Dear Greg

Thank you for your prompt feedbacks.

First I'll try to answer to this one made of 4 questions :

A "Goldbach partition" of an even number 2n is a set of two prime numbers

the sum of which equals 2n. If n is prime, the set (n, n) is also a Goldbach

partition.

I used this vocabulary after reading lots of good internet pages about the

Goldbach conjecture.

The "count" I show in my table is the number of distinct Goldbach partitions

for an even number 2n. One can find an applet on internet that gives the

list

of Goldbach partitions for "any" proposed even number.

The "evaluation" is an attempt to evaluate that said count by a predicting

formula. Observing how "precise" the result is may give a clue as to "solve"

the Goldbach conjecture.

For the moment I do not disclose that formula. I might do so in the future

depending on further feedbacks and feelings.

Feel free to continue fruitful interaction. Offline or online as you wish.

I will be glad to visit again the links you suggested and maybe add

something

here about them.

Rgds.

Didier

-----Message d'origine-----

De :

Greg@... [mailto:

Greg@...]

Envoye : mercredi 17 novembre 2004 20:39

A :

vdstrat@...;

primenumbers@yahoogroups.com
Objet : Re: [PrimeNumbers] Goldbach (again)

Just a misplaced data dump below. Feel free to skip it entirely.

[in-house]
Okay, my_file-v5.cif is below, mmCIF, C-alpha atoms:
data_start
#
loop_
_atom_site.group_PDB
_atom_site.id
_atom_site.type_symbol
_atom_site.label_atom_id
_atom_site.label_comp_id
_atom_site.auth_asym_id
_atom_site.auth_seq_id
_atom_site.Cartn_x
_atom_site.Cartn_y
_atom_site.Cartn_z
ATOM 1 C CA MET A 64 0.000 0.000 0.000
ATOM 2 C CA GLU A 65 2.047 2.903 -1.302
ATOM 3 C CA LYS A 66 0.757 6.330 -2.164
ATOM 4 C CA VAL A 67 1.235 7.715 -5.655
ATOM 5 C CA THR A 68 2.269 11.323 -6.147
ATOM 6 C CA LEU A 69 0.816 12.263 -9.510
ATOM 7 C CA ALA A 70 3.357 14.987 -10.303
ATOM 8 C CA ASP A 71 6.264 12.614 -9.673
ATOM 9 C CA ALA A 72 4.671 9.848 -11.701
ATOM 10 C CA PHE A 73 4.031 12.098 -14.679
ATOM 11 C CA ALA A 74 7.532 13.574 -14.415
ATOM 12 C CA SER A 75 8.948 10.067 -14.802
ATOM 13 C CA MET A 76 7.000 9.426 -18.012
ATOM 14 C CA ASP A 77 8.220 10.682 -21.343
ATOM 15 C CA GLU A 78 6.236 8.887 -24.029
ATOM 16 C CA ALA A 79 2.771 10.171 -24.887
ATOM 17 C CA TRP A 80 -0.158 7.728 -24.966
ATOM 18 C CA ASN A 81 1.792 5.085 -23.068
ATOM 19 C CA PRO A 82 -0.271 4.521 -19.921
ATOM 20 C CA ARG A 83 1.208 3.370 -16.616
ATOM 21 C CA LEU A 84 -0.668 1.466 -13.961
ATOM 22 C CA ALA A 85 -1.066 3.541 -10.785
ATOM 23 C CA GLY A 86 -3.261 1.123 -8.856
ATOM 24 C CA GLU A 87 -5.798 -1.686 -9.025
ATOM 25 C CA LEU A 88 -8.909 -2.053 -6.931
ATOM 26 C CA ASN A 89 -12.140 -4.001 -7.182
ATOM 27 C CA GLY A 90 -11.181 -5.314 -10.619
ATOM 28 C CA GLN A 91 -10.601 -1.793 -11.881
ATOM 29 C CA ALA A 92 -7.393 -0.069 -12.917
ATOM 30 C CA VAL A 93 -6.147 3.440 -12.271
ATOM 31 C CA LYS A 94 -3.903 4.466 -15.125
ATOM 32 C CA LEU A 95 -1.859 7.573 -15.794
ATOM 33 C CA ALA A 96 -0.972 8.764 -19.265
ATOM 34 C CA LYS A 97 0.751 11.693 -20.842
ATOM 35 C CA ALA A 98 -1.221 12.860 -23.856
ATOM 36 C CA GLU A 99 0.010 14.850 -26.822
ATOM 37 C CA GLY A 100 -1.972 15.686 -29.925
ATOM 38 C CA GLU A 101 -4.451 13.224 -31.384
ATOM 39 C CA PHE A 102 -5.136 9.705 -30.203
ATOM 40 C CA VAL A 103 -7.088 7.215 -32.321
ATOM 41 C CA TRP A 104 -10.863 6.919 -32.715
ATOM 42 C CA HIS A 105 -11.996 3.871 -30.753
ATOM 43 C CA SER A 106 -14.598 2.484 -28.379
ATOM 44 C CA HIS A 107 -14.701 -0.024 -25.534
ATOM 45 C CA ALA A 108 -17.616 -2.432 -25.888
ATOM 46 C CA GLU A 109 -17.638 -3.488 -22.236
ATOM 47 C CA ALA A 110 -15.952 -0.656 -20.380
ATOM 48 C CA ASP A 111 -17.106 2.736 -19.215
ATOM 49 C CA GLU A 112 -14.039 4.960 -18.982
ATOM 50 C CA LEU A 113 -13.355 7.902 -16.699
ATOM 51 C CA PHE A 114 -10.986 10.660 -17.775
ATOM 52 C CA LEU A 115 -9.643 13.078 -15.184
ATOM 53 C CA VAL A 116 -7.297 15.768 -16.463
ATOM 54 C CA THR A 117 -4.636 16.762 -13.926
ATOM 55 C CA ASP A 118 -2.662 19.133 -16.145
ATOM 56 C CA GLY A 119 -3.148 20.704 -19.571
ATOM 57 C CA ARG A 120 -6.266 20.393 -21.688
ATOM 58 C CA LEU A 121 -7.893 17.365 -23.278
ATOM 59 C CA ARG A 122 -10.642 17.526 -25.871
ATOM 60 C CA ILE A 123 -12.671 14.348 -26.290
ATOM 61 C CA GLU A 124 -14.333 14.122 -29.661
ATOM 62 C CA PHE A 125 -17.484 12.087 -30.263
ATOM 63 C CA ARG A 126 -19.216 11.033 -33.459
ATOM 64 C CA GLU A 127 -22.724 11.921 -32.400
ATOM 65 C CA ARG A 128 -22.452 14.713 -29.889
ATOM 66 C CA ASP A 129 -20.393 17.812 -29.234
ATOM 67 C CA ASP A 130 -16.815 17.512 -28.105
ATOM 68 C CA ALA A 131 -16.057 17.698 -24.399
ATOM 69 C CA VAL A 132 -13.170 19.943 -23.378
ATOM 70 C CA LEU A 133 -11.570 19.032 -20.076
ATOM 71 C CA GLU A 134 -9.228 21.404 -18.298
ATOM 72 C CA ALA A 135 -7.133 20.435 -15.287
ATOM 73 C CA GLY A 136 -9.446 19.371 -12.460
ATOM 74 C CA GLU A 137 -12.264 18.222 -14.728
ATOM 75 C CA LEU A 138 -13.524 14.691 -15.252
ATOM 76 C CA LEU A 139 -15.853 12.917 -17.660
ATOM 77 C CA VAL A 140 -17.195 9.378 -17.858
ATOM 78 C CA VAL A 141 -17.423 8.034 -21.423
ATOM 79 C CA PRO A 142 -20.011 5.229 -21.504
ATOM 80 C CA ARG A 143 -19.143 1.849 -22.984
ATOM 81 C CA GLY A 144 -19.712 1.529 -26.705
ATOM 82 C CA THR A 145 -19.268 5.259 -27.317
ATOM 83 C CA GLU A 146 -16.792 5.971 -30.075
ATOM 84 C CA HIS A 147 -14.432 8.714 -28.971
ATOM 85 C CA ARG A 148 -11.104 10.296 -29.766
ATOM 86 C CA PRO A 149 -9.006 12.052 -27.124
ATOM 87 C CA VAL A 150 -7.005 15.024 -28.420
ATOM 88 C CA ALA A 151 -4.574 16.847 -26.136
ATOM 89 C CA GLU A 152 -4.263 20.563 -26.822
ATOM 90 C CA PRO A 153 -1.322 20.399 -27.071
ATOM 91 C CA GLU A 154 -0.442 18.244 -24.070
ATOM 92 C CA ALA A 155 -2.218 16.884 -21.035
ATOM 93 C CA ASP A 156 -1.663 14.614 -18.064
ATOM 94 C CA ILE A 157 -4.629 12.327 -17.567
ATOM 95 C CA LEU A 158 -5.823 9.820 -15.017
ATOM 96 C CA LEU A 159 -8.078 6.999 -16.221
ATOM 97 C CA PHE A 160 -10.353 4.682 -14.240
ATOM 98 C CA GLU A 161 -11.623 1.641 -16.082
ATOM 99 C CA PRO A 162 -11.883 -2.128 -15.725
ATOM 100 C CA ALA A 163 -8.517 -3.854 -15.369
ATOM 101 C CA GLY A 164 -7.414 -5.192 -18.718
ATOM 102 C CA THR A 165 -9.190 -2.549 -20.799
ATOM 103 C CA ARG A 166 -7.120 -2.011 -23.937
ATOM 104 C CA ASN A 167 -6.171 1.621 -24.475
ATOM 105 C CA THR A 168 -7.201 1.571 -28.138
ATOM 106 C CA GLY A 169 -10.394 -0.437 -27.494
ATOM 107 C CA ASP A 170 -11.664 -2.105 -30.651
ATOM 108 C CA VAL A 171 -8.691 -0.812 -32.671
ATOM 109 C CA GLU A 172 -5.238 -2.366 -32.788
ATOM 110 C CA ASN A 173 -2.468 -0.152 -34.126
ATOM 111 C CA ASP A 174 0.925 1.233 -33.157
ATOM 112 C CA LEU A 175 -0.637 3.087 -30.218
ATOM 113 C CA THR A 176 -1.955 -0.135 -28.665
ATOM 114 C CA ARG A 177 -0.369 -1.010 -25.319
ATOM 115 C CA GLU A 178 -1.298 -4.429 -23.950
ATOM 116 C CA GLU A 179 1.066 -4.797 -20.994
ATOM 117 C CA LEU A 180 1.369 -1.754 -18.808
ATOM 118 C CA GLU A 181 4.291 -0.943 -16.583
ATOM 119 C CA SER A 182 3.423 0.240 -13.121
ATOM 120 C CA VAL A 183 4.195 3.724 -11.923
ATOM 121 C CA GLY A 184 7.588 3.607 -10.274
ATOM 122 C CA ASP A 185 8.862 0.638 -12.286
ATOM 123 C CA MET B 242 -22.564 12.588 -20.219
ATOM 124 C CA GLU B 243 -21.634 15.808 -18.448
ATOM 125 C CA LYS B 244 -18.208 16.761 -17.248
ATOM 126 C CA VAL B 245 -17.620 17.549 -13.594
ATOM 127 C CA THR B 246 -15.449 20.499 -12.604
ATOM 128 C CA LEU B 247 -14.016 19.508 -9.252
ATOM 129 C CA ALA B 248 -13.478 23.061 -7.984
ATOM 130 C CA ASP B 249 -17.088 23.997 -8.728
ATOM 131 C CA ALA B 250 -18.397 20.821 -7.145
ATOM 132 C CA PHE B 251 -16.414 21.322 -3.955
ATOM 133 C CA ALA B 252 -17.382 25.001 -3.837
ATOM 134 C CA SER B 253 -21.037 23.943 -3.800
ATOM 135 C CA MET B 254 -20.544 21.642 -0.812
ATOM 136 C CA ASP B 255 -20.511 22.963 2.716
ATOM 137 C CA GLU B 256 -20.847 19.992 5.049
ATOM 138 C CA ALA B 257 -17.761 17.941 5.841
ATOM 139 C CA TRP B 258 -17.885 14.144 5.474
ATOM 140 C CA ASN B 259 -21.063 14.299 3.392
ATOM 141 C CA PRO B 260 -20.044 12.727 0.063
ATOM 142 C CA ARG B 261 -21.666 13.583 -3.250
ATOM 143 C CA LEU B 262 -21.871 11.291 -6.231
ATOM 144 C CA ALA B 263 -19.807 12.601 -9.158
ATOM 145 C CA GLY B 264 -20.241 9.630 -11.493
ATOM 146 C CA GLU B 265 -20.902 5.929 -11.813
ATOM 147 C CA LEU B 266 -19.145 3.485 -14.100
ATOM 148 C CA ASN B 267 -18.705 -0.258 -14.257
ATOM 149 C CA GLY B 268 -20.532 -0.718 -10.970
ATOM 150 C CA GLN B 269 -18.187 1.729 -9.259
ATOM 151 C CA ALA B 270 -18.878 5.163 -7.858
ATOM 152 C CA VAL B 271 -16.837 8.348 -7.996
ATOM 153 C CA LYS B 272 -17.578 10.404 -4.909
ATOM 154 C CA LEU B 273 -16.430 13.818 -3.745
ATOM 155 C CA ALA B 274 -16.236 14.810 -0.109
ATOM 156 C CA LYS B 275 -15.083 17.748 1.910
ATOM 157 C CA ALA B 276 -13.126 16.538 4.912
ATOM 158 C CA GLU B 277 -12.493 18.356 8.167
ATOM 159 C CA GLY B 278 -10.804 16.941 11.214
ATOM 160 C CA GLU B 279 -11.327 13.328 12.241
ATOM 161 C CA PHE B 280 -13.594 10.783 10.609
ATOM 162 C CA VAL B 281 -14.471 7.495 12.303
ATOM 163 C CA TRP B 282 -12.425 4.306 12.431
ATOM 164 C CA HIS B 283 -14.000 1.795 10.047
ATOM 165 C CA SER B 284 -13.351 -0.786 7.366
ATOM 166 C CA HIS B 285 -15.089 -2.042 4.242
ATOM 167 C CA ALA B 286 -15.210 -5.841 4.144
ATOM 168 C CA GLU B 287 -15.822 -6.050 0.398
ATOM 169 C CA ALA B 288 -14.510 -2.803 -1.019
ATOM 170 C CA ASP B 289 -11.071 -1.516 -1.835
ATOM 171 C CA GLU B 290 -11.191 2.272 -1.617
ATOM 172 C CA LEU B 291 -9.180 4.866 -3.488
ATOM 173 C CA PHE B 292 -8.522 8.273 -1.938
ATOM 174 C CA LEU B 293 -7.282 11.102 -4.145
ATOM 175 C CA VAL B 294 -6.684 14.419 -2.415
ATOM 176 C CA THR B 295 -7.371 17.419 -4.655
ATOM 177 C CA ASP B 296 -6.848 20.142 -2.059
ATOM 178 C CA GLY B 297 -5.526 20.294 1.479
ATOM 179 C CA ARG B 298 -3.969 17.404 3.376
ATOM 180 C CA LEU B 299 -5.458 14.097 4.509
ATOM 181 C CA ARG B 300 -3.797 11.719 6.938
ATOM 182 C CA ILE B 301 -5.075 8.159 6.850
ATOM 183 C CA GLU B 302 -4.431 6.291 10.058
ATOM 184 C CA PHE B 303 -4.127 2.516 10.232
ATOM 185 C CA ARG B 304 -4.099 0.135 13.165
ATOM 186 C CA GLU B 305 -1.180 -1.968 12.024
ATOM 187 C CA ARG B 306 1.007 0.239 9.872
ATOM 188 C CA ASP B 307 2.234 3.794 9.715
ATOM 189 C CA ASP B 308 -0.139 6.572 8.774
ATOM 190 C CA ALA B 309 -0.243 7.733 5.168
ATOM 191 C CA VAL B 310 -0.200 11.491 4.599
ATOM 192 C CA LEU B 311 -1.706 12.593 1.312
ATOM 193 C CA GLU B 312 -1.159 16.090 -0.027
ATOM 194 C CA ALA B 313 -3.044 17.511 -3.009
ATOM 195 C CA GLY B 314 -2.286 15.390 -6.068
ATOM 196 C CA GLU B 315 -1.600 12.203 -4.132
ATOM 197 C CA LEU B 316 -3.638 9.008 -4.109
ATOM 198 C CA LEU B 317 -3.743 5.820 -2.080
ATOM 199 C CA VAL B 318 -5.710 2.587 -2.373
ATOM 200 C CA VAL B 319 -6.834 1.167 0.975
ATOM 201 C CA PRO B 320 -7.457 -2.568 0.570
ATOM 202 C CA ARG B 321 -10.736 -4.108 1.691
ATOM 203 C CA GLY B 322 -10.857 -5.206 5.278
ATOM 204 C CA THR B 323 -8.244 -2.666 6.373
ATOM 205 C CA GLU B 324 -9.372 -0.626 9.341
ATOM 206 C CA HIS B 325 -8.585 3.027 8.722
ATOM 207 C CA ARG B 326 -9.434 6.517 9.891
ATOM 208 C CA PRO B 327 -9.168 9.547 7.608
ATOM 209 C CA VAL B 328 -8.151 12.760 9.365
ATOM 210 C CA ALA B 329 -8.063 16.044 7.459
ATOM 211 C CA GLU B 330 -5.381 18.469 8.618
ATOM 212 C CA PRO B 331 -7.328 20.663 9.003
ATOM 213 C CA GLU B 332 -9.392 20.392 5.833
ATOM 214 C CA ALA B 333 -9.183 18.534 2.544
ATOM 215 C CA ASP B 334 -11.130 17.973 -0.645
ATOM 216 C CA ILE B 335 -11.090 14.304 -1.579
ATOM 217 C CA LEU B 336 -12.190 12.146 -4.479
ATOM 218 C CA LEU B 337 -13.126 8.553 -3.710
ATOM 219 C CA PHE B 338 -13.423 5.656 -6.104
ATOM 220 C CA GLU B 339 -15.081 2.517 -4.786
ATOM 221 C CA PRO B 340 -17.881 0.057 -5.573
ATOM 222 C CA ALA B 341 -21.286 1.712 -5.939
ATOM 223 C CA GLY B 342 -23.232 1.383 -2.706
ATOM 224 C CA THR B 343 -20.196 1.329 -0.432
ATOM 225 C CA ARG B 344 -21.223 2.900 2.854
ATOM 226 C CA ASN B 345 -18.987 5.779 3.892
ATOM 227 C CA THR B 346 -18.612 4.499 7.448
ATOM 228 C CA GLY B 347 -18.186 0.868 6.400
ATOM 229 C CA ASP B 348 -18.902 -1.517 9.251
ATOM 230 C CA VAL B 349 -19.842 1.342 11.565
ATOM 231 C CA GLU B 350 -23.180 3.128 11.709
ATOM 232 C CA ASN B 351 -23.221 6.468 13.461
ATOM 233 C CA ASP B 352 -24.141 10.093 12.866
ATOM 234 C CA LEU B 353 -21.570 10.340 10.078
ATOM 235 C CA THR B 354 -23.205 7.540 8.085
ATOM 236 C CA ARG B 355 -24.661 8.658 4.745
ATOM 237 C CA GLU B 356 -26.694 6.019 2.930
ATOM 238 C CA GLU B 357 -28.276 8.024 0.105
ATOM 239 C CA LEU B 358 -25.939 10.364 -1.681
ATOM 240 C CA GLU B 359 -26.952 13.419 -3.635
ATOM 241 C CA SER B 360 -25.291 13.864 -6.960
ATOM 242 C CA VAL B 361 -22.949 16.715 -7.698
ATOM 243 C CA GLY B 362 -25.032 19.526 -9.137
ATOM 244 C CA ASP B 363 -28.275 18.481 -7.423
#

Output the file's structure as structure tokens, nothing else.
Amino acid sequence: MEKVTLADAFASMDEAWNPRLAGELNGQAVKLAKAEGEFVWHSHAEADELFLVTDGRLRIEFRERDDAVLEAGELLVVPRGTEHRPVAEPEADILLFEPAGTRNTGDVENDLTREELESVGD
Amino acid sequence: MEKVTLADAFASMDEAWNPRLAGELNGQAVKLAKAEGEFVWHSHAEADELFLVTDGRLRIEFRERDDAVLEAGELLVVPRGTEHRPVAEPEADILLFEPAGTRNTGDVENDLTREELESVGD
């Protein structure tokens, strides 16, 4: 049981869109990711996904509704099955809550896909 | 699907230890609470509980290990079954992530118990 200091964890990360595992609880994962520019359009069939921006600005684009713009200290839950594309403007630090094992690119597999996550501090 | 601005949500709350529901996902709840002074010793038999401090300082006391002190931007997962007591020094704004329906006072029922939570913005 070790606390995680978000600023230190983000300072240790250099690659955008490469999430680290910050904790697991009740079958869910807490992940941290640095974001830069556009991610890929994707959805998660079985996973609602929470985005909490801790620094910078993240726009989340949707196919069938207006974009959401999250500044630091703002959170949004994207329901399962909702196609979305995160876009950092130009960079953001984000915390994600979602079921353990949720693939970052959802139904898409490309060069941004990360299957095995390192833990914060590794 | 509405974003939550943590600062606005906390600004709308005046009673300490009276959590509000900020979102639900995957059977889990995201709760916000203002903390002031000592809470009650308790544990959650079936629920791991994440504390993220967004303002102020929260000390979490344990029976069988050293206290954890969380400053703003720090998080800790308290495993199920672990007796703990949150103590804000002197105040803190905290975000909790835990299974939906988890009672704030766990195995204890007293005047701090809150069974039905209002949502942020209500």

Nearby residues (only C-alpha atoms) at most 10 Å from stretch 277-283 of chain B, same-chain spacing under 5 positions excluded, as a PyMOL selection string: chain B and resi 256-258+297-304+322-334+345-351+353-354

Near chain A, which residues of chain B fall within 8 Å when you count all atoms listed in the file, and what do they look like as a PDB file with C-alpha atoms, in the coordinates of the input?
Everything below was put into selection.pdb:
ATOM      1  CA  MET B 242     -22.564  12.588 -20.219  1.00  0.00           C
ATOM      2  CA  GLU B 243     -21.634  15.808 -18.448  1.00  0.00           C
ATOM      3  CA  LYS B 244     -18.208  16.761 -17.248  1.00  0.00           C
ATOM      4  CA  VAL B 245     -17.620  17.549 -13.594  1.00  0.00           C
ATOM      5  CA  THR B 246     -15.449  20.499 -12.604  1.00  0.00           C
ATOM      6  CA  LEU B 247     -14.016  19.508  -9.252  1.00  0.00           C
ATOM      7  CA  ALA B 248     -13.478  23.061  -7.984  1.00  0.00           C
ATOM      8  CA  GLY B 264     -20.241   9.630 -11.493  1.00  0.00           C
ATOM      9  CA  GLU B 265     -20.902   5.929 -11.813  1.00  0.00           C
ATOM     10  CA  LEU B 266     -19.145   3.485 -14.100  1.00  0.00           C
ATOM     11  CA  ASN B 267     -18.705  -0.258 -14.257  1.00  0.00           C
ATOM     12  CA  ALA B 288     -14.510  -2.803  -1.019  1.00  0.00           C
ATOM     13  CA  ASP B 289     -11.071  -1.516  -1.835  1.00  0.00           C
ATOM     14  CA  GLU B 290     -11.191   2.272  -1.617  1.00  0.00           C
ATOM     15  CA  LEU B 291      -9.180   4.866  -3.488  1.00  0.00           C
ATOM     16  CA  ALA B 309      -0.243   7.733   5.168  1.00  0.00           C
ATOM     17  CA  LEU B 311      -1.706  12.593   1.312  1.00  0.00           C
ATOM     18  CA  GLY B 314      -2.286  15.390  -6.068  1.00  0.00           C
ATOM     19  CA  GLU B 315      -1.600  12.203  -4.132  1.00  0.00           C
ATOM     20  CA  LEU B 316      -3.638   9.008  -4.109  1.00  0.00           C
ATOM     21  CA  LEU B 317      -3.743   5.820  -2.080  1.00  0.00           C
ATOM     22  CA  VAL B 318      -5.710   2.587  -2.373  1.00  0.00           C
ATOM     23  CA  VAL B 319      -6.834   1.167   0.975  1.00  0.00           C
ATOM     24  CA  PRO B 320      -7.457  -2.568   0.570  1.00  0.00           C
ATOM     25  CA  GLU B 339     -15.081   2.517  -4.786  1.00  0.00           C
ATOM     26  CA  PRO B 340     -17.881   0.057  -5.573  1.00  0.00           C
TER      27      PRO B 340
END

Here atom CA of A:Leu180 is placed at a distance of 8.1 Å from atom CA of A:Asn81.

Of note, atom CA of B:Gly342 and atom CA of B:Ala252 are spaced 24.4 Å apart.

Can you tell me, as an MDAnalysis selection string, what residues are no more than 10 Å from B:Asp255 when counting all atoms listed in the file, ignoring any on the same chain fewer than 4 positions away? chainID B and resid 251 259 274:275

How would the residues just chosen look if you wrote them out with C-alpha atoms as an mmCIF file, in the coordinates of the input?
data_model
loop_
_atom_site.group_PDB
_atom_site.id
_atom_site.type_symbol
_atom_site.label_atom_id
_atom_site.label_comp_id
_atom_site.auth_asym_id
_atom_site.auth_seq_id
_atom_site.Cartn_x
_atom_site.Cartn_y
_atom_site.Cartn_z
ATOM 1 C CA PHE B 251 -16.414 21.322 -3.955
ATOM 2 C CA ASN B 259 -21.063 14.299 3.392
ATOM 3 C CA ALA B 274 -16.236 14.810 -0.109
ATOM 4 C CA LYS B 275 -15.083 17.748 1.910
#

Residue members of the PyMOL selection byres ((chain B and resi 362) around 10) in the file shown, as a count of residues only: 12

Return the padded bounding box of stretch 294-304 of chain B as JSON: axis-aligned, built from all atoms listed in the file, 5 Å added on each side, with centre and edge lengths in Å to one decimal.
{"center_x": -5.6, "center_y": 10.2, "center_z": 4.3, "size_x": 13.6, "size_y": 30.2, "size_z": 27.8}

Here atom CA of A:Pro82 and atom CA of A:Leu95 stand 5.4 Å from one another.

In a message dated 11/17/04 9:42:05 AM Eastern Standard Time,

vdstrat@... writes:

> As a starter I propose a method to evaluate the count of Goldbach

> partitions, based on heuristic formulas

> similar to those about twin primes and about pi(x).

>

> I have created a page and a table about this, which is draft version for

the

> time being :

> http://www.geocities.com/dhvanderstraten/gldbevtxt.html

> http://www.geocities.com/dhvanderstraten/gldbevtbl1.html

I didn't understand your table.

2n = 530 and its count is 14.

What are you counting? What is "eval."

Where is the Excel spreadsheet formula?

A set of 2n elements has 2^2n subsets including the empty set and 2n itself.

Where r combinations are expressed as (2^2n/r) then

2^2n = (2^2n/1) + (2^2n/2) + (2^2n/3) + ... + (2^2n/2^2n)

Eg. 2^5 = 32 = 1 + 5 + 10 + 10 + 5 + 1

Alternatively, an unrestricted partition of 5 includes these 5 sums:

4 + 1,

3 + 2,

3 + 1 + 1,

2 + 2 + 1,

2 + 1 + 1 + 1,

1 + 1+ 1 + 1 + 1

Regardless of whatever it is you are counting, I don't see the

"clue" that links such counts to the Goldbach Conjecture.

See if my Stepladder approach offers any clue at:

http://gmazur.freeyellow.com/Goldbach.com
(At least to keep the thread from fading into obscurity)

Greg

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